Southwest Airline’s fame is well deserved


I was looking forward to our holiday in California, and to participate in the Modern Customer Experience conference, in Las Vegas. For all sorts of (obvious) reasons. One of them was that I booked two flights with Southwest Airlines (SFO > LAS, and LAS > LAX).

For those who don’t know Southwest Airlines is mentioned as an example, and a success, in several Customer Experience books. It is recognised to be the best airline in the world, when it comes to Customer Service, Experience and Loyalty.

The Airlines’s advocates love it so much that in 2001, after the terrorist attacks in the World Trade Centre, Southwest received thousands of letters from customers who wanted to make sure the company would stay in business. Many of those customers sent checks with the letters. Others returned traveller vouchers.

I had no doubt that the experience was going to be good, but I wanted to experience more. I wanted to experience Southwest in action when things go wrong. To prove that what I read in the books was true. But what if all went well with our flights and travels? Well, the truth is it didn’t really…

When trying to check-in to the SFO > LAS flight, via the mobile app, it said my reservation was cancelled. So I reached out to Southwest via Twitter, on our way to the airport. The response came back in 27 mins. And 5 mins later, after I provided my booking reference via DM, Jennifer had checked us in, even before we got to the airport.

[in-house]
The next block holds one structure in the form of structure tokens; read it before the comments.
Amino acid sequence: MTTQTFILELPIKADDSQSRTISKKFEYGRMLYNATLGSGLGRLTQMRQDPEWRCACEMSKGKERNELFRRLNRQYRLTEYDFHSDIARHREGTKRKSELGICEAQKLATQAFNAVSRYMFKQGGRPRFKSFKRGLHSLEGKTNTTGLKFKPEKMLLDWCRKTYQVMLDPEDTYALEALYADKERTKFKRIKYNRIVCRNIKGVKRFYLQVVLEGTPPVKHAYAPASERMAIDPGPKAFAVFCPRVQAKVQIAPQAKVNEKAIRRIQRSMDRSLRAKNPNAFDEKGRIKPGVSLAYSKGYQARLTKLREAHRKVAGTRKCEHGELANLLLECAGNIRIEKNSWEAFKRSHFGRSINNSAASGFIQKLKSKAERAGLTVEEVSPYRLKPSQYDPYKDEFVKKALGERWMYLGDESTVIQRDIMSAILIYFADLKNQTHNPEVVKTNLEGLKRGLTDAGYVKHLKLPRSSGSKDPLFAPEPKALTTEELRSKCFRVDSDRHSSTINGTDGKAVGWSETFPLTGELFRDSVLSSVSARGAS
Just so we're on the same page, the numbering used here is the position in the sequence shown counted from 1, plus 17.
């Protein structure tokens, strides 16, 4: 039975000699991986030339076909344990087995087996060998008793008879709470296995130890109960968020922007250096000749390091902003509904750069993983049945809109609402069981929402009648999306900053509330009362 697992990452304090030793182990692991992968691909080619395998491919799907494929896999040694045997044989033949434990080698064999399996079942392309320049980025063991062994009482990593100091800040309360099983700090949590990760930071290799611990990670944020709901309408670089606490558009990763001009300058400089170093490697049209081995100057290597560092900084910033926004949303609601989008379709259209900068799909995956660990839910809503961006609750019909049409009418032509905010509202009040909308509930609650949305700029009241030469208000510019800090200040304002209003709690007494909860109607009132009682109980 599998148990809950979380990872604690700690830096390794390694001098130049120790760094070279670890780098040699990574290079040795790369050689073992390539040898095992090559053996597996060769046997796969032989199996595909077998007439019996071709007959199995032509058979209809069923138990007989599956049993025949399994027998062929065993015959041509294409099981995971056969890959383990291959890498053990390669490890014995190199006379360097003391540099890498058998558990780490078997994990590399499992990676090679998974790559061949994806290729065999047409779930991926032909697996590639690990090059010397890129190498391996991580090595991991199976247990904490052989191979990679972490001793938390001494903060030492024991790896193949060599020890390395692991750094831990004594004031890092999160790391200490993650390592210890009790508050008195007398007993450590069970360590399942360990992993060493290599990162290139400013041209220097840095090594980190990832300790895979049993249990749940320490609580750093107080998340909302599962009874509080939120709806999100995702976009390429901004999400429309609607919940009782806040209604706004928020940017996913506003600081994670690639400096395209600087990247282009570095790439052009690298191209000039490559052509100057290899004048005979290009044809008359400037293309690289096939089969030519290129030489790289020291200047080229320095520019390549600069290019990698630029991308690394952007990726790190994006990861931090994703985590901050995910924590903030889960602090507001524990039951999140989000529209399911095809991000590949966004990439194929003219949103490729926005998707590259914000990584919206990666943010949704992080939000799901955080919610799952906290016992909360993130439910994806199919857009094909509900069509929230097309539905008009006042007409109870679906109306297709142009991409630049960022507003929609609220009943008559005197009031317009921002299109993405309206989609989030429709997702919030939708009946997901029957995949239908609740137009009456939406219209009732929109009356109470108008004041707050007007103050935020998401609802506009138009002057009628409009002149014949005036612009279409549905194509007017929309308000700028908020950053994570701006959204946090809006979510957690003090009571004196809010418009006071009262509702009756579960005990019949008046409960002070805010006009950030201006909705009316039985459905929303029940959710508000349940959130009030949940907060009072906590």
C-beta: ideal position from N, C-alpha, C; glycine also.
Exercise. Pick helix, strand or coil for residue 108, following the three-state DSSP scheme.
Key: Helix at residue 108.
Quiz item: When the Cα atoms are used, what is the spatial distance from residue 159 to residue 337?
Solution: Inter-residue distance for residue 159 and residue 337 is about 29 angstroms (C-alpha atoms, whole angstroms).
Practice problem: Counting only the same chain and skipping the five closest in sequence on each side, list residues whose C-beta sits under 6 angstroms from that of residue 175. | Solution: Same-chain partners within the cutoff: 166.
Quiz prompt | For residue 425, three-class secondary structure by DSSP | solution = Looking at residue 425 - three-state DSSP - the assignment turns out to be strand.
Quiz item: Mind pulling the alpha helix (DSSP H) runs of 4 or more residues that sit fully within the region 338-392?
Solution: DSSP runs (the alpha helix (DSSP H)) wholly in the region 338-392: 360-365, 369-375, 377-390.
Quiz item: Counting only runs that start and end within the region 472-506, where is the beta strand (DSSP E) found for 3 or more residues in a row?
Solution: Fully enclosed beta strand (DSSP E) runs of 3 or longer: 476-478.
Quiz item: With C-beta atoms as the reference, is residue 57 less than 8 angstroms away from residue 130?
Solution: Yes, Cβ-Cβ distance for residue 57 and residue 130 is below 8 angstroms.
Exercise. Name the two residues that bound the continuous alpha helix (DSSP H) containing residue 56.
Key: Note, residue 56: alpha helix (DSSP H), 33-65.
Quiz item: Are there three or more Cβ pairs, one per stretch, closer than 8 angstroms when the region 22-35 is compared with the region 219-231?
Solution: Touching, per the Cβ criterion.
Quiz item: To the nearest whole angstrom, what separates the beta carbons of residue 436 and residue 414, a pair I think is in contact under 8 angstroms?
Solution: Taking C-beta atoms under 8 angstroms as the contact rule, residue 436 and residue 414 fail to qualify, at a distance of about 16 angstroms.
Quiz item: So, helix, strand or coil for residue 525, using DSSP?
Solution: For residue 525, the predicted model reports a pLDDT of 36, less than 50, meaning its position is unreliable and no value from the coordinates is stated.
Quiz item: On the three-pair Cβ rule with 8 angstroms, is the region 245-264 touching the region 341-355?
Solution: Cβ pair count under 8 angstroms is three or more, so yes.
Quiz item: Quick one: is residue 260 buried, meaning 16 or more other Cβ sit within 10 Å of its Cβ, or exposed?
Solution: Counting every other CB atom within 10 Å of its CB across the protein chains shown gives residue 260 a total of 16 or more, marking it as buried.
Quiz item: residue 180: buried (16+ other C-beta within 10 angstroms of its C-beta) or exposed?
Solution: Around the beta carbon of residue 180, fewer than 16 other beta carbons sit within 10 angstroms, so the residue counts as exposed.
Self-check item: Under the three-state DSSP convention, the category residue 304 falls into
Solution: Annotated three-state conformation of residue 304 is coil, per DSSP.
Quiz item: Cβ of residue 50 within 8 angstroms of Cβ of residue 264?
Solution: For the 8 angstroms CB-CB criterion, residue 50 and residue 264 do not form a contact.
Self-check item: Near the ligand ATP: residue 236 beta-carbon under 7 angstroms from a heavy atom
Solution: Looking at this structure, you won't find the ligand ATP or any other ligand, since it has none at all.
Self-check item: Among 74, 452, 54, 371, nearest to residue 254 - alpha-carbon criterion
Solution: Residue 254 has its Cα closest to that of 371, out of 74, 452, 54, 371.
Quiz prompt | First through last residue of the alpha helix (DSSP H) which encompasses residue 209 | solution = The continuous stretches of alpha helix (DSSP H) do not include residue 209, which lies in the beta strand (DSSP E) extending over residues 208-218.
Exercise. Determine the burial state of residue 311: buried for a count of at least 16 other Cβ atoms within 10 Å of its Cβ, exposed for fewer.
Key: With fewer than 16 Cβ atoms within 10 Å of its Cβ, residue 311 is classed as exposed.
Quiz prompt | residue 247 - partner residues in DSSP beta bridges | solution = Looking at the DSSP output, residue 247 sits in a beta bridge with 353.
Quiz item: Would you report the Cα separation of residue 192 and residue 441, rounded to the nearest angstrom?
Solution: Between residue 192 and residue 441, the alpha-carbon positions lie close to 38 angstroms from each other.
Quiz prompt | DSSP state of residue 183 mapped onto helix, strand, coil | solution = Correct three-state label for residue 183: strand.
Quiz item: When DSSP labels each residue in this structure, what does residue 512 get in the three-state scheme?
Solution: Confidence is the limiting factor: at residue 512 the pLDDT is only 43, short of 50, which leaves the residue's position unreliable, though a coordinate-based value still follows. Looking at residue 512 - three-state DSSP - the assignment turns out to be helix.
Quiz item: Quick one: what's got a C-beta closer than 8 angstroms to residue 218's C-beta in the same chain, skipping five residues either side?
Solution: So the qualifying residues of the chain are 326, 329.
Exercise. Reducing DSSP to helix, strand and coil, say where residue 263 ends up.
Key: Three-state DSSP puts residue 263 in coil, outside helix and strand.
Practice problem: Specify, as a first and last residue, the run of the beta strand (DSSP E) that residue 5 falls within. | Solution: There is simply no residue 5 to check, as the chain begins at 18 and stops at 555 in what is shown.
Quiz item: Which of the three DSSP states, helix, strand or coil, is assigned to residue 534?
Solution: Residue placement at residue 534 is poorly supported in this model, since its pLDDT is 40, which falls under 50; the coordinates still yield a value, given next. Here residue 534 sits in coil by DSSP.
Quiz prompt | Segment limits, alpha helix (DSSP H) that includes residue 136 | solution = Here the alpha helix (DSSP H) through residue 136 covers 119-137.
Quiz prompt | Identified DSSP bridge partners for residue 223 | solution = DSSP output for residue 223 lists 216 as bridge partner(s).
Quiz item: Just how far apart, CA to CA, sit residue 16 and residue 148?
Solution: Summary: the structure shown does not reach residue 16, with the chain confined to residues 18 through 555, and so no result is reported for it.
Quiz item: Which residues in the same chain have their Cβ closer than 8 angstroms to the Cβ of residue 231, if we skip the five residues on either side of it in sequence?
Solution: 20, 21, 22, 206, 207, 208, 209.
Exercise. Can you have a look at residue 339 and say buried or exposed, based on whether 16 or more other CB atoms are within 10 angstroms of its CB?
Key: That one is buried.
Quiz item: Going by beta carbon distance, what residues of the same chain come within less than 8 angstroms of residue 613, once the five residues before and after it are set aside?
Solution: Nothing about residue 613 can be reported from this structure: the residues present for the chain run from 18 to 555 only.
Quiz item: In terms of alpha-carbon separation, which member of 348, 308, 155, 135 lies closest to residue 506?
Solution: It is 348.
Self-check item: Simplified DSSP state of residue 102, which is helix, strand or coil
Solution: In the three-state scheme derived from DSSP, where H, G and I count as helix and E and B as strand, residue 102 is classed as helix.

One week later we got to the airport 4 hours before our 15:40 LAS > LAX flight, so I asked at the check-in desk how much would it cost to go in an earlier flight… “Your flight to LAX is delayed 20 mins so I will put you in the stand-by list for the 12:55 flight free of charge. If that one is full you will be also on the stand-by list for the 13:55 flight”. We were called to the 12:55 flight.

We were truly delighted with the customer service, and I decided to praise Southwest on Twitter, whilst I was at the gate. In a matter of minutes, Adam replied back, asked which was our flight, and gave us a treat (a code for free WiFi on the flight), even before take-off.


So… the stories are true, and Southwest’s fame is indeed deserved. As they seem to have a big focus on the customer, the experience they deliver, and the service they provide. And the good thing is that some times it doesn’t take much. Small and subtle things make the Customer Experience great. Some good examples below, related to our experience.

Southwest doesn’t try to make (what in CX terms we call) “bad profit“. Each passenger is allowed two pieces of checked luggage free of charge (up to 50 pounds), and a carry-on bag plus a personal item (e.g. backpack, purse). And, if for some reason (even when it is not their fault) there is a delay in a flight, they pro-actively put passengers in earlier flights (or in stand-by lists) free of charge.